Omi-jofu Traditional Crafts Center

Preserving the traditional method of linen production

By Kenny King Hin Choi    - 4 min read

The Omi-jofu Traditional Crafts Center is located in Notogawa town in Shiga Prefecture. The center prides itself on using the most traditional handicraft methods to produce their products, which range from clothes and hanging curtains to purses and tablecloths.

Omi-jofu literally means textiles made from hemp and ramie, a type of grass in the nettle family which the owner of the shop grows in her own garden. The climate around Notogawa is perfect for the cultivation of both grasses. Water flows from the surrounding mountains and into the lowlands of the Notogawa area before passing into Lake Biwa. The fresh mountain water supports the growth of the plants, both of which grow to more than two metres high by June and July. The sizable summer harvest allows the workshop to continue their production through the winter months.

After removing the leaves upon harvest, the outermost layer of the trunk is a hard material that can be processed into a durable yarn. Although it is thin, it is very hard. The yarn is then weaved together to become cloth. I had a chance to experience using the traditional weaving machine, a contraption made entirely of wood by an acquaintance of the shop owner. I was all thumbs with this machine, as many different parts of it have to be controlled at the same time. It is the skillful coordination of your hands, feet and waist that make it work. Fortunately with the help of an experienced assistant, I managed to thread in two horizontal lines. An experienced worker could produce approximately five meters of woven cloth a day. You can imagine how much effort it requires to produce a whole dress.

The subsequent dying process is basically divided into two types - either cloth that is dyed before it is woven or, the opposite, cloth that is woven before being dyed. When the cloth is dyed first, the color is softer and more natural in appearance, with the cloth holding onto the color longer as it ages.If the cloth is dyed after the weaving process, the color is much stronger; yet it doesn't last as long as the former method. Some products only have their vertical threads dyed, some only their horizontal threads and some have both horizontal and vertical threads dyed. It is quite impressive to see that intricate patterns can be produced even with only one direction of colored thread. Of course, dying the cloth in both directions is the most difficult and time consuming. A number of products have white patterns or pictures on them, which is the result of bleaching. The bleaching process is done after the weaving process.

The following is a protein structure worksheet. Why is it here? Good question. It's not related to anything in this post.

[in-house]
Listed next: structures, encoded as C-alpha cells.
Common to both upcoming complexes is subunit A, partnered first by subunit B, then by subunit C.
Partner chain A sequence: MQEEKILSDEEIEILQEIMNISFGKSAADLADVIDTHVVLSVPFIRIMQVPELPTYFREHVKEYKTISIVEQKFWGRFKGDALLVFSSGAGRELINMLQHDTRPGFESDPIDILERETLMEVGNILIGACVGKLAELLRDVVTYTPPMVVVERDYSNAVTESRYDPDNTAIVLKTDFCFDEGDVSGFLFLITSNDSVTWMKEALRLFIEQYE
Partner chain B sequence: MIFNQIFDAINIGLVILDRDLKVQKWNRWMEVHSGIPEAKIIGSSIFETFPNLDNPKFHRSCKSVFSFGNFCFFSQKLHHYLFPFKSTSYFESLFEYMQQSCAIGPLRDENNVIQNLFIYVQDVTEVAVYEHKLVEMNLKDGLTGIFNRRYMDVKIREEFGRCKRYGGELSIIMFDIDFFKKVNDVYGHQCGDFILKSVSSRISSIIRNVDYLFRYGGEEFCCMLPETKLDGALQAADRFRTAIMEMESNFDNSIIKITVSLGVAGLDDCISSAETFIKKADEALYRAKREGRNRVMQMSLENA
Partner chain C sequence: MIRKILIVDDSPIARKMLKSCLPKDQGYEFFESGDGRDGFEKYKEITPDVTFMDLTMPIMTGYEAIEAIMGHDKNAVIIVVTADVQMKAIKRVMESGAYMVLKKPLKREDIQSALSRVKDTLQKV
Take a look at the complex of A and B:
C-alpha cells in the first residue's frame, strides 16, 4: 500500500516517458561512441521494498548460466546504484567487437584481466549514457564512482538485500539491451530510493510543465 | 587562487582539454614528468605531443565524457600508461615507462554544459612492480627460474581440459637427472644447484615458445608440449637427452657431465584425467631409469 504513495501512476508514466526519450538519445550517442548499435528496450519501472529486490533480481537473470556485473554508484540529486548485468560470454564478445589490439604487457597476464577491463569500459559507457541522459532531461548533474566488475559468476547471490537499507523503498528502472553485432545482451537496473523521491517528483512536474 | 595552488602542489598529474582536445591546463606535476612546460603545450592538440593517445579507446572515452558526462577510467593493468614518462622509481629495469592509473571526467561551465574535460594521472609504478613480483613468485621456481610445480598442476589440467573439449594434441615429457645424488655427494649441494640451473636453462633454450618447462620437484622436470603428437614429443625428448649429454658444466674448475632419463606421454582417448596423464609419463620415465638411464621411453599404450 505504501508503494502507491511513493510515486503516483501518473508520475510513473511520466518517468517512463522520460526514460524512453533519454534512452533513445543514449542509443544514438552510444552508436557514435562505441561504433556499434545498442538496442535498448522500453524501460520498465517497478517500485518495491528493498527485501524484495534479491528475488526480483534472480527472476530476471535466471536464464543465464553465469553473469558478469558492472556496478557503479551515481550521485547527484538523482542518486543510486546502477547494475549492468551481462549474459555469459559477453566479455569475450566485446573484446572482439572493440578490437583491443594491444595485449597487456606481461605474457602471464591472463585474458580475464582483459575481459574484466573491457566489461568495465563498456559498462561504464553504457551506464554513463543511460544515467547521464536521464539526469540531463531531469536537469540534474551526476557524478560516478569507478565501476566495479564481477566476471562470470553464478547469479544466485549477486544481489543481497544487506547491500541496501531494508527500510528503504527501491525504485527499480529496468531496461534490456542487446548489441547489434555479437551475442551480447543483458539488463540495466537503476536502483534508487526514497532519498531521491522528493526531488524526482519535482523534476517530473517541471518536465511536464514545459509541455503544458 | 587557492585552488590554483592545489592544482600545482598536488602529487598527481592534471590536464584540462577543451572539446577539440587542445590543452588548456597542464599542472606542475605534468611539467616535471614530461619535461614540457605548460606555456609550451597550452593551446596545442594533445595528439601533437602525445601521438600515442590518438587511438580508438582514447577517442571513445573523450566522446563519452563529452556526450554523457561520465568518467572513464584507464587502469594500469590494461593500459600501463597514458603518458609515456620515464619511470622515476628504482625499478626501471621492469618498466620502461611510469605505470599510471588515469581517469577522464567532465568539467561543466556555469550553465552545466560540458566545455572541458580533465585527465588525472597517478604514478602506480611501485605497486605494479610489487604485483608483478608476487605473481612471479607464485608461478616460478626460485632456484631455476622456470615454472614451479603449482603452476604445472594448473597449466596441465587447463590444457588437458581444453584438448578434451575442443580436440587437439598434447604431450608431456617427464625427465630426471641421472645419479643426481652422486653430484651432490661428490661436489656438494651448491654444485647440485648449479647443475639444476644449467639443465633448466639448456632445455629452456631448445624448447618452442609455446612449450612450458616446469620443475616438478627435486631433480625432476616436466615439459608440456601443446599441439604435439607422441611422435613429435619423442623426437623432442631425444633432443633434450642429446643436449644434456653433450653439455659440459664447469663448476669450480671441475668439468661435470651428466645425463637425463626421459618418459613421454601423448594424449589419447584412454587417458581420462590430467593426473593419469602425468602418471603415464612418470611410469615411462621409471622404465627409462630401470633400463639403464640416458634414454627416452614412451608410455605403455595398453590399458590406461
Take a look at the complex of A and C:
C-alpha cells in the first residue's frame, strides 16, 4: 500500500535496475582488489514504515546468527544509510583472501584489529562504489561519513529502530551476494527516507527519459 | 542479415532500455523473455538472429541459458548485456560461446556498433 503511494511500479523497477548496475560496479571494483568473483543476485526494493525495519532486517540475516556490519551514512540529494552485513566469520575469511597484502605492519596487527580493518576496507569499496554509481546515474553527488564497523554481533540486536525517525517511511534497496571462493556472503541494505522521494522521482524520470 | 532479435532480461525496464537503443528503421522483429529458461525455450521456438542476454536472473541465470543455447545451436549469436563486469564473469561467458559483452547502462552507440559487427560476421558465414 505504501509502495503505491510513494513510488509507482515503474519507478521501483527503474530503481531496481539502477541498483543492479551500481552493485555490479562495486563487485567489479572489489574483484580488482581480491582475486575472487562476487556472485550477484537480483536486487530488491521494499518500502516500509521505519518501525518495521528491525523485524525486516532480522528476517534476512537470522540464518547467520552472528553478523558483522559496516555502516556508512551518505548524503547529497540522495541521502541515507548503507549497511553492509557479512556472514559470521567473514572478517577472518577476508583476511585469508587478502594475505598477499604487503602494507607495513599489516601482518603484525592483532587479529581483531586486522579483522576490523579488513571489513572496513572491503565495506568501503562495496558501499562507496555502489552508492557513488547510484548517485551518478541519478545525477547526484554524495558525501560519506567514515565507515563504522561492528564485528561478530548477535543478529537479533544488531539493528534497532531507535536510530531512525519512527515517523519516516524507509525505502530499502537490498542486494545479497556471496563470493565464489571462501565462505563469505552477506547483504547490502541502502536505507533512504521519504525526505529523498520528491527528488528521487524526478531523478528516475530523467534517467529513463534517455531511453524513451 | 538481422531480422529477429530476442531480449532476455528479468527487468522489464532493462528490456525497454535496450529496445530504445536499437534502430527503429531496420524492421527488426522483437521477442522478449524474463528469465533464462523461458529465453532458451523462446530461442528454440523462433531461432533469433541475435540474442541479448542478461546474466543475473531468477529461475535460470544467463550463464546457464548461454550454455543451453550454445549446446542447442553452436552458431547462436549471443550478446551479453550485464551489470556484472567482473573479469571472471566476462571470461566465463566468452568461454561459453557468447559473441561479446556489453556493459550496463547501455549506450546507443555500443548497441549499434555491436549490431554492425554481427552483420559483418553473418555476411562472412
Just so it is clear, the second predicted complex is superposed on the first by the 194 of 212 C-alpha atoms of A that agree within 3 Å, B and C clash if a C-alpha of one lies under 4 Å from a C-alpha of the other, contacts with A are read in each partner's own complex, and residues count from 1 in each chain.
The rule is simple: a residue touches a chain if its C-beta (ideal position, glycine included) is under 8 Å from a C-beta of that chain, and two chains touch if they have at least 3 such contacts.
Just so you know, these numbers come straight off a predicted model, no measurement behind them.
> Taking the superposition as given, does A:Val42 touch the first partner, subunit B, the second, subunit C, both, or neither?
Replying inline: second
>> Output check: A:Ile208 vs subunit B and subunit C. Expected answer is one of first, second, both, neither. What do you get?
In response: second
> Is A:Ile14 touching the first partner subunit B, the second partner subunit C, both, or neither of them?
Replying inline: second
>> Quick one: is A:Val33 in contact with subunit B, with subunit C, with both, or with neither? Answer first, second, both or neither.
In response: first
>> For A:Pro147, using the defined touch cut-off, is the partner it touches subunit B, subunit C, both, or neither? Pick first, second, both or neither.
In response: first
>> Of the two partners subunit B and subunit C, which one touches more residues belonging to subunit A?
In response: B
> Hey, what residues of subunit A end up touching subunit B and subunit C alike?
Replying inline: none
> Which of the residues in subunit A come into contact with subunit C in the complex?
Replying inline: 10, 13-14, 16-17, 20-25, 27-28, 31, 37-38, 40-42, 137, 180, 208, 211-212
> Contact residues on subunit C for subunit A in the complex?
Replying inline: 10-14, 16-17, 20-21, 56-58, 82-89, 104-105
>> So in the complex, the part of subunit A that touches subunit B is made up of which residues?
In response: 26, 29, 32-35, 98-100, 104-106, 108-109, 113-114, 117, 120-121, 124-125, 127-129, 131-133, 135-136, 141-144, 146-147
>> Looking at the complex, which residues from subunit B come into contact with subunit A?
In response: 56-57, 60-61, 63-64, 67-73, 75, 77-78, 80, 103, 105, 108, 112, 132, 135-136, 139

In conversations with the staff, I learned that this kind of traditional handicraft has had little success in attracting younger followers. The shop and nearby factory I visited are fortunate enough to have government support, unlike the other five factories within their association, whose products as a result are mostly machine-made. Using machines is undoubtedly faster, cheaper and requires less manpower. In contrast, Omi-jofu experiences numerous difficulties maintaining its mostly traditional production methods. According to the owner of the shop, although she would like to have more people learning the traditional skills, she would only want the factory itself to be designated as national treasure. She is afraid that if the skills themselves are officially recognized by the government, when government policies changes, Omi-jofu would have no choice but to follow suit. Such a apolicy could risk altering certain traditional methods and eventually result in a complete loss of particular skills. She emphasizes that if the skill is recognized as a national treasure, it would be like being kept in a box and put inside a museum. There would be no more development. The culture would cease to be “living”.

As a student of heritage studies, I found it very interesting to ponder this dilemma involving politics and the development of local cultural policies. The question remains, however, how best to encourage people to cherish their cultural assets and how they can use their cultural elements to identify themselves. It's a topic that concerns not only traditional linen productions, but furthermore the future of other protected structures as well as intangible cultural heritage in Japan.

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Kenny King Hin Choi

Kenny King Hin Choi @kenny.king.hin.choi

I had spend almost the last 10 years traveling to different corners of the world seldom reached by others as tourists. Iraq, Kosovo, Albania, Bangladesh and Ukraine are among many others. To see and smell a place first handedly is absoulutely differnt from reading and hearing from mass media. Japan has been the country I always aspired to as I first set foot there when I was 14 years old. The rich cultural heritage and freindliness of the people left inside me a wonderful memory. Therefore I was there again when I was 17. I have been recently staying in Germany for my studies, traveling around Europe to experience its diversity and rich history. Yet I still wish I could visit Japan again in the near future, preferably to Hokaiido and Fukuoka. Outside traveling, my hobbit is photography, cycling, sailing and cooking. Honestly Japanese food is one of the best in the world. As a fish lover, I could not resist Japanese crusine. Otherwise, Ramen, Sushi and green tea are all my favourite. When I read cultural studies in the university in Hong Kong, Japan turned out to me as a very speical society. The mentality and popular culture which has affected the world is inspiring. I really hope I could go deeper into this when I got the chance.

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